What was the outcome of the disciples’ mission? In Luke 10:17, we are told the disciples returned with joy. “And the seventy returned again with joy, saying, Lord, even the devils are subject unto us through thy name.” They were excited about what the Lord had done through them. Likely, no amount of teaching could have produced in them these results.

What did Jesus do? He used a project to work mightily in their lives. It was acceptable if the disciples weren’t comfortable, because Jesus knew this was a project that would be good for them. It wasn’t beyond their abilities, because He had prepared them as much as they needed to be prepared beforehand.

Projects are an important part of raising children-disciples, but far too often they are neglected by parents. The results of projects can be impressive. I remember someone once complimenting me on how smart I must be to have trained my sons with the skills that they had acquired. I chuckled and said, “You must not know me very well. It doesn’t take much smarts to hold a carrot on a string out in front of a horse you want to guide along.” What I meant was that I don’t have to know more than my boys. I just have to be able to motivate and challenge them. The Lord has shown me that this can primarily be done by using projects.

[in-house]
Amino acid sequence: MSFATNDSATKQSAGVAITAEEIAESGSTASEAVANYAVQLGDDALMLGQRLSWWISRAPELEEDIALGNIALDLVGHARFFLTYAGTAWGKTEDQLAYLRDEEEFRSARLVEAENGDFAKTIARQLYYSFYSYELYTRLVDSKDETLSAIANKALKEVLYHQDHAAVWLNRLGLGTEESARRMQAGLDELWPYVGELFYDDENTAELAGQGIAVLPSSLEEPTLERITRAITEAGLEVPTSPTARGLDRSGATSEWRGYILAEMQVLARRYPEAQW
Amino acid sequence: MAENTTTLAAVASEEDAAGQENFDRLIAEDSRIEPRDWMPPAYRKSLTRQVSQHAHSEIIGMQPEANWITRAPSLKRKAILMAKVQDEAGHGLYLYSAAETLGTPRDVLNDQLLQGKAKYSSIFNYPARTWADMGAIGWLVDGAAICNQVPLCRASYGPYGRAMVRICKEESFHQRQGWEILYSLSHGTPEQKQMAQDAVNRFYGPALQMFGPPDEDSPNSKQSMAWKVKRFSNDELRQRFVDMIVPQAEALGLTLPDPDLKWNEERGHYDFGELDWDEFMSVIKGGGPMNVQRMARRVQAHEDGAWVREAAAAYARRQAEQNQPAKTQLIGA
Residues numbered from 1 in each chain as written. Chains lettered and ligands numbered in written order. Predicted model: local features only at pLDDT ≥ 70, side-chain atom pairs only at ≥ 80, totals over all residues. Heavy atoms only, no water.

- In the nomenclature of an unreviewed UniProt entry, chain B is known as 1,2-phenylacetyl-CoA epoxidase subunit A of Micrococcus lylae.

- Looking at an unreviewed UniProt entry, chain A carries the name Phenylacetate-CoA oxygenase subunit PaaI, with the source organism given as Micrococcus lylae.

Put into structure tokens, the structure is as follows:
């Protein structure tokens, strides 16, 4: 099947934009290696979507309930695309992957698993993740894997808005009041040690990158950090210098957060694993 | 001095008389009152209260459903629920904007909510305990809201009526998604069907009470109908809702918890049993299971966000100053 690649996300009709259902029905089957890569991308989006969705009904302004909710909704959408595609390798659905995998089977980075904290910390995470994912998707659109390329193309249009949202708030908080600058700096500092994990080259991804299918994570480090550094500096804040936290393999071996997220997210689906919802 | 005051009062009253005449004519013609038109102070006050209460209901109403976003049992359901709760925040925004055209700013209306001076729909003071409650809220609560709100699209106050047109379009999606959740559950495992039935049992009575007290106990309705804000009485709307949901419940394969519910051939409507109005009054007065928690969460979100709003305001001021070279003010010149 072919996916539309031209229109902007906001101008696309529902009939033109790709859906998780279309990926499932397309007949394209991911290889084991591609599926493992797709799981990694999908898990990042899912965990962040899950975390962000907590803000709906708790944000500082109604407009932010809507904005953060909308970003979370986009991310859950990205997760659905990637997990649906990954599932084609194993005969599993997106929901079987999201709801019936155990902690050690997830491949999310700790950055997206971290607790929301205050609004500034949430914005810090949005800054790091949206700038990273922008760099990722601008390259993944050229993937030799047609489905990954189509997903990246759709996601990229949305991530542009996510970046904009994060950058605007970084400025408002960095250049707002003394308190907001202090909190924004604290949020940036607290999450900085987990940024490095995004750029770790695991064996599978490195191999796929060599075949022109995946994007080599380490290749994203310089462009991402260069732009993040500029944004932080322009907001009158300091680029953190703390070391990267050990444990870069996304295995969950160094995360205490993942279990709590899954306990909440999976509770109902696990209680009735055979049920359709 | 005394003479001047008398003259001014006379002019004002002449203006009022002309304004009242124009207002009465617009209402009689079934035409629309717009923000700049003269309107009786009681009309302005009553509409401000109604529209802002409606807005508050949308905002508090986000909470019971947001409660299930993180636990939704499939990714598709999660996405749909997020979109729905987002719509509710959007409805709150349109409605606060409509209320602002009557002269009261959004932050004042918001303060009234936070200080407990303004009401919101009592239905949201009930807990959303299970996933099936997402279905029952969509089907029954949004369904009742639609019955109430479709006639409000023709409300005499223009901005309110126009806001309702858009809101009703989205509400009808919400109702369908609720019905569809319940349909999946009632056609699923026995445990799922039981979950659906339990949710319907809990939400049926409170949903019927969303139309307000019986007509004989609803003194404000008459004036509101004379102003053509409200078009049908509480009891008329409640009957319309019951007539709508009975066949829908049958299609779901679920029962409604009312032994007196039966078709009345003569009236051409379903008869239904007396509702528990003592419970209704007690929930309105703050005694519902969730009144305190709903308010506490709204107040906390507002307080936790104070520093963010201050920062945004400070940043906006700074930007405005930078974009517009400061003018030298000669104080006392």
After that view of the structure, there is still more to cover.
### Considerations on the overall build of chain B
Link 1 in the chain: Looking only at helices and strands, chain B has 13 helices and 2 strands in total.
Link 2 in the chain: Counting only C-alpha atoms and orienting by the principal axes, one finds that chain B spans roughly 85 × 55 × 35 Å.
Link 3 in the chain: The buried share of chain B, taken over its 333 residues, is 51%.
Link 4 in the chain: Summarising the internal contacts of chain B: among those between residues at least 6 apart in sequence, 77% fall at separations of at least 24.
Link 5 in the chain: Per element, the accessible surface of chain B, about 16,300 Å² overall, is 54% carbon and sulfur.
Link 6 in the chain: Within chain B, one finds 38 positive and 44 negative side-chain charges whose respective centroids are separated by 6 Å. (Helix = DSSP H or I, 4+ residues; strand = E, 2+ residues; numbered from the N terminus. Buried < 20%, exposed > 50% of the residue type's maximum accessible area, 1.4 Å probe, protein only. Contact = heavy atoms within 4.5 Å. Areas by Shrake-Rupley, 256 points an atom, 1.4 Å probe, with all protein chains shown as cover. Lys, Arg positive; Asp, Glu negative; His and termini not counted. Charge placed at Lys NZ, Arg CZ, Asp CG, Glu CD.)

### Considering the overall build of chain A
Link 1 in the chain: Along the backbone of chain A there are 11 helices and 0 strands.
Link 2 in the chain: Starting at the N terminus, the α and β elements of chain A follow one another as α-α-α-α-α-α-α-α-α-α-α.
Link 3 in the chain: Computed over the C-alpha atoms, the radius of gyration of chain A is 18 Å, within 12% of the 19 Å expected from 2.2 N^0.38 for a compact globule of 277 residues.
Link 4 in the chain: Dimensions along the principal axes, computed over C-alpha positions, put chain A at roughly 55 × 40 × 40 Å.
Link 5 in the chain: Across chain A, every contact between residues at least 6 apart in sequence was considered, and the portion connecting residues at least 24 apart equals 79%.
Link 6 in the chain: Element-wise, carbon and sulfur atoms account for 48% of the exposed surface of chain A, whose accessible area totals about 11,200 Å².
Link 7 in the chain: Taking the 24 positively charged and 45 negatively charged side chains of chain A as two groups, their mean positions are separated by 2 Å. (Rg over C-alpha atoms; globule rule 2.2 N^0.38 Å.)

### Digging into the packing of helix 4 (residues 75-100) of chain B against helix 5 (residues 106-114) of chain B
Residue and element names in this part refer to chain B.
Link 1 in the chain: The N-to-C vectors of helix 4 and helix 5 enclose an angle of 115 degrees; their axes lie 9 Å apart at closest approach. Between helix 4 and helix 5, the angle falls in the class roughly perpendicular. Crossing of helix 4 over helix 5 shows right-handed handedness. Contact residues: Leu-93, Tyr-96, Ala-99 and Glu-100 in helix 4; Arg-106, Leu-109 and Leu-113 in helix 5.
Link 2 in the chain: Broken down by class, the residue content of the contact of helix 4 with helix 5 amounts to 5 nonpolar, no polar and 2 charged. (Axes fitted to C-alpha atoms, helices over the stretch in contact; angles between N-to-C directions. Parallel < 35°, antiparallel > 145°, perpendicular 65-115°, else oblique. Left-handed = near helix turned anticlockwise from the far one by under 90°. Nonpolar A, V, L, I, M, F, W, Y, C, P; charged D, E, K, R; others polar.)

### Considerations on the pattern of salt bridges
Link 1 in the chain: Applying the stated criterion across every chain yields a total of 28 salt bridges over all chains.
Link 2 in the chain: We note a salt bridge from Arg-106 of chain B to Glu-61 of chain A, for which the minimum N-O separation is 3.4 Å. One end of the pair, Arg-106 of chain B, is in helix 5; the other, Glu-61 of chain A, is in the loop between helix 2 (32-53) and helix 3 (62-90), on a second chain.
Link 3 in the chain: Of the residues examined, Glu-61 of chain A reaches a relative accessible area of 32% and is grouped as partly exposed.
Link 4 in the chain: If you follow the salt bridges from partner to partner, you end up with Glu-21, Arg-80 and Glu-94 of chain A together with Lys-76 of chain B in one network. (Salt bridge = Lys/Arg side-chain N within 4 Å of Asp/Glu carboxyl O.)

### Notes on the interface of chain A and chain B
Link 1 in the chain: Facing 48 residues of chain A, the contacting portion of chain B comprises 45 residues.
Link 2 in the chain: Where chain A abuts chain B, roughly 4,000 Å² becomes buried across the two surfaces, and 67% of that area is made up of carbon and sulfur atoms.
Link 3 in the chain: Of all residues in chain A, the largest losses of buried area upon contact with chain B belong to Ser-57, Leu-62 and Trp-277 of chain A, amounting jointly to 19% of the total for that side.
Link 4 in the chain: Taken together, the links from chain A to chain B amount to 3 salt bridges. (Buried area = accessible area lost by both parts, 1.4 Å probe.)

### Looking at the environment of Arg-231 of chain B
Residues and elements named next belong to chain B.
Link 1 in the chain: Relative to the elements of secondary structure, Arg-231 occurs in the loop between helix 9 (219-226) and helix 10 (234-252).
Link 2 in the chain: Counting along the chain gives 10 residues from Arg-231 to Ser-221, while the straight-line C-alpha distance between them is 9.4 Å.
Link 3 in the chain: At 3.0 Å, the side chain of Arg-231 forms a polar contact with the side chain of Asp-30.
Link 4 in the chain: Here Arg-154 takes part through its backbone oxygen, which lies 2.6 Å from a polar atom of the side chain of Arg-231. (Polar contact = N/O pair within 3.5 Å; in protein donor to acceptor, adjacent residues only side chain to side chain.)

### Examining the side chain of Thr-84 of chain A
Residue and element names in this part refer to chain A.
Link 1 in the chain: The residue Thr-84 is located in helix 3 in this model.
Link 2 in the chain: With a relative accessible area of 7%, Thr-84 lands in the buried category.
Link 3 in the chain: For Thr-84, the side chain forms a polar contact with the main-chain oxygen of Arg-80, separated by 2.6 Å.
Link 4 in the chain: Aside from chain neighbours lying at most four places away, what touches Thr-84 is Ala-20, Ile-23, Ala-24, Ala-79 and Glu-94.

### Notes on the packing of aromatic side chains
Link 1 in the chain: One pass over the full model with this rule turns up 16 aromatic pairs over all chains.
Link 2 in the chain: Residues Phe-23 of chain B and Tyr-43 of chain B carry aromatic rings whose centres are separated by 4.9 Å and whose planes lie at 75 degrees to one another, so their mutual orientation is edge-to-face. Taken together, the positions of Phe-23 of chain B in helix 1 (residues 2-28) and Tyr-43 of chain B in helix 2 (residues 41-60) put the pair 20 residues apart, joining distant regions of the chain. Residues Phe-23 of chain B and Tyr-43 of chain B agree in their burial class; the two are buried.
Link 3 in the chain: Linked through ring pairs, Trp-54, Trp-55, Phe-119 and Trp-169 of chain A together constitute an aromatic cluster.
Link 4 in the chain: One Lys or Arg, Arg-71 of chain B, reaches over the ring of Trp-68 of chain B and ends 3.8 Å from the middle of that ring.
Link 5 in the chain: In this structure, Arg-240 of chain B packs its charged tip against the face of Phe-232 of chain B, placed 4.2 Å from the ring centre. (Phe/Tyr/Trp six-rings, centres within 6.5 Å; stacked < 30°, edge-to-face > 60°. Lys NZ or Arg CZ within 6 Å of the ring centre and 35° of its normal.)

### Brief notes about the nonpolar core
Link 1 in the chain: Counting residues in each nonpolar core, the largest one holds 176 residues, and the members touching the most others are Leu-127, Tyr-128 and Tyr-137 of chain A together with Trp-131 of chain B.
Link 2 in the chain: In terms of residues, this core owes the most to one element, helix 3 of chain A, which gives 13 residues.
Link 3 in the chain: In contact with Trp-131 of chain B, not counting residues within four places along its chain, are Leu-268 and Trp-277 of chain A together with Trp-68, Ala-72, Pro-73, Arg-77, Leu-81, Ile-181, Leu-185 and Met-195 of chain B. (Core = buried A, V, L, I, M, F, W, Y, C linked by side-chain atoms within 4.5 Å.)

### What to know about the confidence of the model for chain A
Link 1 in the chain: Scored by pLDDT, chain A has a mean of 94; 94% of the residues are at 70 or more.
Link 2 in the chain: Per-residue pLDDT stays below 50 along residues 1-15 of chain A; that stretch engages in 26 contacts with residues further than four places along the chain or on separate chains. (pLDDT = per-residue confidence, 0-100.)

Projects are wonderful vehicles to spur children on to learn all sorts of things. Real-life projects, which fulfill a need we might have around the home, cement what a child has learned. They also become a stimulus for wanting to learn more.

One perceived hindrance to projects might be the child’s reluctance to tackle something he has not done before. Likely, the disciples felt that way also. However, that is where the carrot and the string come in. Part of making projects successful is to learn how to motivate and challenge our children. We want to spur them on to giving it their best without discouraging them. Our relationship needs to be such that the child trusts us and wants to please us. Therefore, he will give it his best. He needs to believe that I am counting on him and wouldn’t ask him to do something he couldn’t do. (A side note: See how important it is to keep our children’s hearts? We want to motivate through influence and not have to resort to authority.)